How Do I Love My Muslim Neighbor?

Robert George says there are a lot of Muslims who love their neighbors, and we need to make common cause with them. He’s right! But how?

I find it completely plausible that in his personal interactions with the people he describes, George has encountered forms of Islam that both preach and practice love for neighbor. But that sort of Islam does not appear to have achieved a high level of public, institutional expression in the United States. Indeed, it is a reliable guideline that the larger and more prestigious an Islamic organization is, the more frequently it is quoted or featured in the major media, and (above all) the more money it has, the fewer degrees of separation one seems to find between that group and organized terrorism, or at minimum organized ideological networks that openly preach and practice hatred of neighbor. While there are individual voices standing against these organizations, for most of us there is no practical path to build alliances with “Islam” so long as these are the voices of individuals and not organizations. Those of us who have not had extensive personal experience with Islam (of any kind) are left without many practical options for making common cause.

This situation is, of course, a by-product of many decades of careful network-building and ruthless squelching of internal dissent by the militant enemies of civilization, funded by oil money. I would therefore submit for consideration the following proposition: that the first and most practical way most of us can make common cause with Muslims who love their neighbors is by doing more to oppose those who hate their neighbors. To do so is neither for nor against Islam, but it is emphatically to be for Muslims.

Few have suffered as much at the hands of Islamic hate groups as Muslims who refuse to participate in their hate; the reasons for this are obvious. Standing up to these oppressors is not only the right thing to do for its own sake, it is the only way to create space for the emergence of high-profile institutions representing an Islam that preaches and practices love of neighbor. The emergence of such institutions is, in turn, the only social condition within which most of us will be able to make common cause with that sort of Islam.

Moreover, this course of action does not require us to get involved in complex theological disputes. We need not resolve the question of whether Muslims and Christians worship the same God (on which the divines of the Second Vatican
Council, as quoted by George, seem to be in some tension with passages like I John 2:23), or to what extent love for neighbor is at home with or at odds with “authentic” Islam, to know that the jackboot of the bloodthirsty oppressor ought to be removed, posthaste, by force if necessary, from the neck of the innocent.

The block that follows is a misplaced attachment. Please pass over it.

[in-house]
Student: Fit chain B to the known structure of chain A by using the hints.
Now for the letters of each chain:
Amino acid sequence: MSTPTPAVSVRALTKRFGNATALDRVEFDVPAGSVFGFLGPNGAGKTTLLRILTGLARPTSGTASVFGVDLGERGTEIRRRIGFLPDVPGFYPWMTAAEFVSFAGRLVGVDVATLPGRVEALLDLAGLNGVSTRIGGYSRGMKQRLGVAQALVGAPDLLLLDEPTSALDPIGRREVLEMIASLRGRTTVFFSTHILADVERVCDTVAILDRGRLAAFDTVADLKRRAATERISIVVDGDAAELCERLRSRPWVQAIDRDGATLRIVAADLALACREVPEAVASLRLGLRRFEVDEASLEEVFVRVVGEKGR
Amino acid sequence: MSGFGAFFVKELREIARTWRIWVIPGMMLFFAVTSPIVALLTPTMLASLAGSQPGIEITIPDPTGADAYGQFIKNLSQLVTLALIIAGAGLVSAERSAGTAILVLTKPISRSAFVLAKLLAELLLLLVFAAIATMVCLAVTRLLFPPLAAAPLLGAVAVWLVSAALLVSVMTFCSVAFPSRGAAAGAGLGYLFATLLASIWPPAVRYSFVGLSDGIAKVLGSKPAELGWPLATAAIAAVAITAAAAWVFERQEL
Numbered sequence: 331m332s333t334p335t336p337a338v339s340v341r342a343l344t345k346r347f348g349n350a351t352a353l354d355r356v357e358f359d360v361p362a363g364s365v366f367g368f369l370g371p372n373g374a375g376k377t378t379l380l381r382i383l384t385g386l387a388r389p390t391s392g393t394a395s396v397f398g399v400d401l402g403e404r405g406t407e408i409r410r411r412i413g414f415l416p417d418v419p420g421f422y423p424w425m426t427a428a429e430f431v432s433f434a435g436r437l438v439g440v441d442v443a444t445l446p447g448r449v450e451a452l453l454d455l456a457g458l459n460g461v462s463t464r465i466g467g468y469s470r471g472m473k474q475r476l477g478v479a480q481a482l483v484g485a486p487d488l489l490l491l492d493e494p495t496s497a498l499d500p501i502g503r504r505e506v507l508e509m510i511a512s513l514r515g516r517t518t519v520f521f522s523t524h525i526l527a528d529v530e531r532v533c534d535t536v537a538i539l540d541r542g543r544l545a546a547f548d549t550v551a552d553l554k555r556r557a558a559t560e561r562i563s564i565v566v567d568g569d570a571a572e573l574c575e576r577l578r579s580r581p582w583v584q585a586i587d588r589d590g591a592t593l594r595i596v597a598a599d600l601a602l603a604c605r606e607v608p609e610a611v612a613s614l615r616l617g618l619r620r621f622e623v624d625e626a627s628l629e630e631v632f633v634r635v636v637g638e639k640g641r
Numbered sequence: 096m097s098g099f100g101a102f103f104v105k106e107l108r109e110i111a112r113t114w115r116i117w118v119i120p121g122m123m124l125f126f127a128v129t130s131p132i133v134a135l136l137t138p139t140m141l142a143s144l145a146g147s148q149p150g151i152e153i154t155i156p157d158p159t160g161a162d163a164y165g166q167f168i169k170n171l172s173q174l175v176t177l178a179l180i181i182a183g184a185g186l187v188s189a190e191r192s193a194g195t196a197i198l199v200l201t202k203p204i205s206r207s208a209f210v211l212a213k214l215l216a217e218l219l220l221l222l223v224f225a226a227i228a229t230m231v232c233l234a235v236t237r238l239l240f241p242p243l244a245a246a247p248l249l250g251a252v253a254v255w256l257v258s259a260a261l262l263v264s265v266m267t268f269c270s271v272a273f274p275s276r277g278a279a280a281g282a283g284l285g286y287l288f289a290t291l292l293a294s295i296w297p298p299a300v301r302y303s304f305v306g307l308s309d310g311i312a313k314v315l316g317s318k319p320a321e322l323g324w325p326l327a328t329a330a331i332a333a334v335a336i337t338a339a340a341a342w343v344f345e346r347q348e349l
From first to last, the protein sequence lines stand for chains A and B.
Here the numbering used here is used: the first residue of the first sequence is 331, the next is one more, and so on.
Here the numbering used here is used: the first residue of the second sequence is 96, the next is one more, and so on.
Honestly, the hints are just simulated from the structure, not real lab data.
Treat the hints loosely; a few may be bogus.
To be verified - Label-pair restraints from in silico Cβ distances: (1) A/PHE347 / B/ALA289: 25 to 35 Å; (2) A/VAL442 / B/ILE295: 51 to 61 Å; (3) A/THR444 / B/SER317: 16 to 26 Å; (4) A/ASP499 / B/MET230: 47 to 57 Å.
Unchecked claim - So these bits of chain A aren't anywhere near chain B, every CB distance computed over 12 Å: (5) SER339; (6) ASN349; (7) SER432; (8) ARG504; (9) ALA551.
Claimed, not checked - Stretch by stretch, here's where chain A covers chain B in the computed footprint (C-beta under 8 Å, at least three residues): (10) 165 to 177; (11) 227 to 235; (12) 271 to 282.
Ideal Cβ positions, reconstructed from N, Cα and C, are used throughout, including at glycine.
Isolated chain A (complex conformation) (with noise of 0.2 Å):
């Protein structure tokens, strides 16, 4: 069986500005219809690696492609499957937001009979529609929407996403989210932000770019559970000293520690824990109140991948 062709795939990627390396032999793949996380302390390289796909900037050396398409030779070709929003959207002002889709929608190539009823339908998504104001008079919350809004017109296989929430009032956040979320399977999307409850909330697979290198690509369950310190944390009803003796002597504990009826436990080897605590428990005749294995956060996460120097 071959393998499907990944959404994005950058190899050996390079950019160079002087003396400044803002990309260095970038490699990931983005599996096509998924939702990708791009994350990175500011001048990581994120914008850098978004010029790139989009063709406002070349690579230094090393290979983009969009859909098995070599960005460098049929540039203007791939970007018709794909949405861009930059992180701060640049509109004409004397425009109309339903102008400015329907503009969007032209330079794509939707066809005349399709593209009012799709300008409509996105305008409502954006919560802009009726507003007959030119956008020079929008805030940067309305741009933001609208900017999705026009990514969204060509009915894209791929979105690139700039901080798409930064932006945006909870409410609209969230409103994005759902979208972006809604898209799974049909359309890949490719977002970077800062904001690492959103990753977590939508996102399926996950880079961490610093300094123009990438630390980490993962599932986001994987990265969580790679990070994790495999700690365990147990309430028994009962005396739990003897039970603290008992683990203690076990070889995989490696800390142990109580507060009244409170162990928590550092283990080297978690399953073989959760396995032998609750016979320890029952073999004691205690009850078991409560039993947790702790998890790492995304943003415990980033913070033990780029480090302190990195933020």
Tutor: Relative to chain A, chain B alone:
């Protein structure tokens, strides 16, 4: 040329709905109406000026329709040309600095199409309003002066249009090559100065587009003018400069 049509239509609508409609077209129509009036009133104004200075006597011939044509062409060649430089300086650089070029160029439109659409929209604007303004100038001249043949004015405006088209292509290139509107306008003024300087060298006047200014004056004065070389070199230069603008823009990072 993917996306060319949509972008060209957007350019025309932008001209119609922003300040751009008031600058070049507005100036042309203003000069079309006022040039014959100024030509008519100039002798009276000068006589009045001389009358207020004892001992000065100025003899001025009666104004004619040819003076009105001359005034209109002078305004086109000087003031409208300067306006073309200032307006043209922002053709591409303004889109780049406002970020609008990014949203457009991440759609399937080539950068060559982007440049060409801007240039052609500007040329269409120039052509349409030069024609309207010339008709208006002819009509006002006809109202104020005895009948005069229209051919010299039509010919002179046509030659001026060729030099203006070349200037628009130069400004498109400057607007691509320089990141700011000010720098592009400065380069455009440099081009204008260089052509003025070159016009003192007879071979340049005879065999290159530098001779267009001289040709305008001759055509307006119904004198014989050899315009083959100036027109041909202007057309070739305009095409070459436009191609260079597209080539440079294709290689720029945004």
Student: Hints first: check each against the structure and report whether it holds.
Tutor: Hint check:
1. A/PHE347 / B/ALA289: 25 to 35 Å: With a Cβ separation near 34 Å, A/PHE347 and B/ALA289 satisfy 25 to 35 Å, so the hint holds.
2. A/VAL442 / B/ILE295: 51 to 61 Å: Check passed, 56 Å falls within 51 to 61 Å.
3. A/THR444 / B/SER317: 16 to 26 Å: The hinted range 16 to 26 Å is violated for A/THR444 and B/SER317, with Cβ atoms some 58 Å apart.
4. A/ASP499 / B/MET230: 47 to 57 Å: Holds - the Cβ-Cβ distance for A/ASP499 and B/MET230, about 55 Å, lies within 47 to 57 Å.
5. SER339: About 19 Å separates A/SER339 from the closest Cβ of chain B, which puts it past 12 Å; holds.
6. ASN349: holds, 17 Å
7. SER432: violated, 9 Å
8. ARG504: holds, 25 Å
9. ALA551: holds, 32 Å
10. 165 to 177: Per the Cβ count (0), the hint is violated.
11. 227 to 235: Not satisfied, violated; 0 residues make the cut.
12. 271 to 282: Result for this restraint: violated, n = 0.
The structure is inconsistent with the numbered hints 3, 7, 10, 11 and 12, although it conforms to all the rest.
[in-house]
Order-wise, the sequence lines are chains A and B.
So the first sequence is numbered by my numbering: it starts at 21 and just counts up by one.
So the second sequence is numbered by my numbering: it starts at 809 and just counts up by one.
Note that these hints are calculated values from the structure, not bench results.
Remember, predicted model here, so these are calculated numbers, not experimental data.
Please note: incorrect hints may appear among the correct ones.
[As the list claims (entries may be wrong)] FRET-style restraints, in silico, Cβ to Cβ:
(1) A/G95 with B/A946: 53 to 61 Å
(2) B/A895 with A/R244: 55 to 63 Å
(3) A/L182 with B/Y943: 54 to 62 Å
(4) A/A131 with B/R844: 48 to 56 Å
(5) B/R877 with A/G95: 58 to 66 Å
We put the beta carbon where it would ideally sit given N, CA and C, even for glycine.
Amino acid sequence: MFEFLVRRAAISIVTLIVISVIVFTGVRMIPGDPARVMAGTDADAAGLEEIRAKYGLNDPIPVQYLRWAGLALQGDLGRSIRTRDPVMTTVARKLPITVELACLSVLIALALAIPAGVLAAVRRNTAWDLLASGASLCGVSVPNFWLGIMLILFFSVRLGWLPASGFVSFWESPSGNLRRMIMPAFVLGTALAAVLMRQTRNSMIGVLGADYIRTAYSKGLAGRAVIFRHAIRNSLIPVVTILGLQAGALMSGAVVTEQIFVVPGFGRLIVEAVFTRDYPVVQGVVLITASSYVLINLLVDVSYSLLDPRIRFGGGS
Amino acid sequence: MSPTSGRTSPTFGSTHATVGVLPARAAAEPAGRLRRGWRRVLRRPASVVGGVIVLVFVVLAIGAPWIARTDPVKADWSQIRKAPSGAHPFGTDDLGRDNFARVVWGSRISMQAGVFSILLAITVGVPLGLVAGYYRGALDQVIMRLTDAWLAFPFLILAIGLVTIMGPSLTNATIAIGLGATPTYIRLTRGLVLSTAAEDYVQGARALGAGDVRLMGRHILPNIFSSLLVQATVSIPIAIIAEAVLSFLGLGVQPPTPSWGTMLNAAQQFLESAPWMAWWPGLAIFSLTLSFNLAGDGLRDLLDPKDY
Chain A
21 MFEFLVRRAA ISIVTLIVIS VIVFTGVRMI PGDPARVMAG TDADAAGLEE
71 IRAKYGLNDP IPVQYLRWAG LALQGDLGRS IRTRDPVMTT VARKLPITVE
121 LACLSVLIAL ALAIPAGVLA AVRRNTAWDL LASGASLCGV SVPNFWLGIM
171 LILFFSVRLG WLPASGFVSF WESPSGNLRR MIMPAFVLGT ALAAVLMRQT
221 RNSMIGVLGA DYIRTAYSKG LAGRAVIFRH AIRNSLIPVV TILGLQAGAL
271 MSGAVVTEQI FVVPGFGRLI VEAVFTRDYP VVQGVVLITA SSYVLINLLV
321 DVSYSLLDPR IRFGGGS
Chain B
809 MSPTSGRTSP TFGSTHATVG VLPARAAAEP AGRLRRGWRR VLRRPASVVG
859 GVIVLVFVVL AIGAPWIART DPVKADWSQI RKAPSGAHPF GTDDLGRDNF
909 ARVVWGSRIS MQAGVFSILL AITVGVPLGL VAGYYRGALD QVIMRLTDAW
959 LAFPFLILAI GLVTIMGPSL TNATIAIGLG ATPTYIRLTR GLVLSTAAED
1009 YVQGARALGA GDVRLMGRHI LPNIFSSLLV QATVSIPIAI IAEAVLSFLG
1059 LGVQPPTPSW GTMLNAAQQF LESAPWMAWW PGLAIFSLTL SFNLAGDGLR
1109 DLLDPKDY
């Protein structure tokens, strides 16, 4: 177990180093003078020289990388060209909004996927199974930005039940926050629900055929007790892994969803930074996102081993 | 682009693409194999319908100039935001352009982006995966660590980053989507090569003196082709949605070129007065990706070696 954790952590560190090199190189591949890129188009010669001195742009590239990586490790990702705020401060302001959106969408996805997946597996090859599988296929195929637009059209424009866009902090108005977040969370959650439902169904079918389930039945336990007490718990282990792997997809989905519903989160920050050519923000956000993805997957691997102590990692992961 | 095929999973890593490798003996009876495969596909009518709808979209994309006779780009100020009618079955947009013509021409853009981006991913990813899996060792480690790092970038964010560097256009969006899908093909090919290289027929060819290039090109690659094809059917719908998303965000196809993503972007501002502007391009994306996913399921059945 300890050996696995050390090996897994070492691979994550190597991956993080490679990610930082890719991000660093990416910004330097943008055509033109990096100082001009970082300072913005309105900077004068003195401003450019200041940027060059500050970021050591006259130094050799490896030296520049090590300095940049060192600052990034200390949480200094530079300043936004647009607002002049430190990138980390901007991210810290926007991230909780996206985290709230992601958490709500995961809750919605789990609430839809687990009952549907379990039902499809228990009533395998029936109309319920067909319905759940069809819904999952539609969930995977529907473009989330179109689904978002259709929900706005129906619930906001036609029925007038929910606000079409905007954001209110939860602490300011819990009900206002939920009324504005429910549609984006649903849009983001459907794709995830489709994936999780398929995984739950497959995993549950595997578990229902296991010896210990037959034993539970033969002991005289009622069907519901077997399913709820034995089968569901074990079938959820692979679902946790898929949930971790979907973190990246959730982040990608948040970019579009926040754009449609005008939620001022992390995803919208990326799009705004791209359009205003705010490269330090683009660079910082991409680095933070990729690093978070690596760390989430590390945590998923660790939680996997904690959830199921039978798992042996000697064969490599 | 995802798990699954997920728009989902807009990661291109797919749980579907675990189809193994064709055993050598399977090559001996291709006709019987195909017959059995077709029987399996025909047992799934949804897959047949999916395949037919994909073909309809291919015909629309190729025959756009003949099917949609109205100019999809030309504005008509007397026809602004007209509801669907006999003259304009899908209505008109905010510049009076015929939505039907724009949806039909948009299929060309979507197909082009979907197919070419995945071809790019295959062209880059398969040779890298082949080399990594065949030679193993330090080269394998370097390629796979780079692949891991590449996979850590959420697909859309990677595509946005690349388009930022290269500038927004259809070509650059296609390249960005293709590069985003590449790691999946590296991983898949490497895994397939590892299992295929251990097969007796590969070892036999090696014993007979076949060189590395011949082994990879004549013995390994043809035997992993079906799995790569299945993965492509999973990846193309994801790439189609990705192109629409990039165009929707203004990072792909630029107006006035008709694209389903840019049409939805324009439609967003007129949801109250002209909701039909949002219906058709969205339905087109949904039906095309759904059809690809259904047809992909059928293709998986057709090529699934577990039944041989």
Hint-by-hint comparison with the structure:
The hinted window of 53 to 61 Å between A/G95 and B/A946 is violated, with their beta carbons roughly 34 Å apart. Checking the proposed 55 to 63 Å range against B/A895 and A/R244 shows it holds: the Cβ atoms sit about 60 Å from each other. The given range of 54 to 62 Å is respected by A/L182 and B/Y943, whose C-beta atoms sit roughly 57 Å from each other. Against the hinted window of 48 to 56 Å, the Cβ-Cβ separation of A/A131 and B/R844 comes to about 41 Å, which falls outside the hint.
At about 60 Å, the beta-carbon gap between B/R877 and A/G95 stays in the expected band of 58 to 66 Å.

Finally, it has the merit of being something that we have some idea how to do. Islam that preaches and practices love for neighbor is something that most of us do not have much opportunity to come into direct contact with. But we know, more or less, who the oppressors are, and it doesn’t take much imagination to think of ways we could be more effectively opposing them – if we decided that were something we have some responsibility to be doing.

Image HT

5 Thoughts.

  1. Well hmm. I certainly agree with you that extremist – in the sense of violent and intolerant – Muslim groups need to be opposed. And that it is primarily Muslims, not we, who are the victims of such groups and ideologies. The stories are heartbreaking.
    But notice the passive construction on my first sentence. I don’t think it’s quite so easy to do so as one might think. You say that this “has the merit of being something that we have some idea how to do.” What do you have in mind?

    Secondly, though, I believe I would disagree with your statement that “that the first and most practical way most of us can make common cause with Muslims who love their neighbors is by doing more to oppose those who hate their neighbors.” As with Christianity, a religion of love does not spread well by defense but by offense – by which I mean, encouraging the positive is probably more important than discouraging the negative. Many Muslims in many parts of the world are afraid to speak up for what they believe Islam to be, but they are courageously doing so, anyway. (And of course I agree that the forces underwriting that fear should be opposed, but again, that’s complicated and involves chastising a lot of otherwise allies). The appeal of that witness is tremendous. A Muslim woman I know who went against the express orders – and attempted force – of her father and gets an education, for instance, inspires many others like her in her town. We could oppose her father, but there will always be others like him. I would rather give her a scholarship to study in the States, and let the courageous women who will risk it all to follow her lead do so – with whatever support we can muster.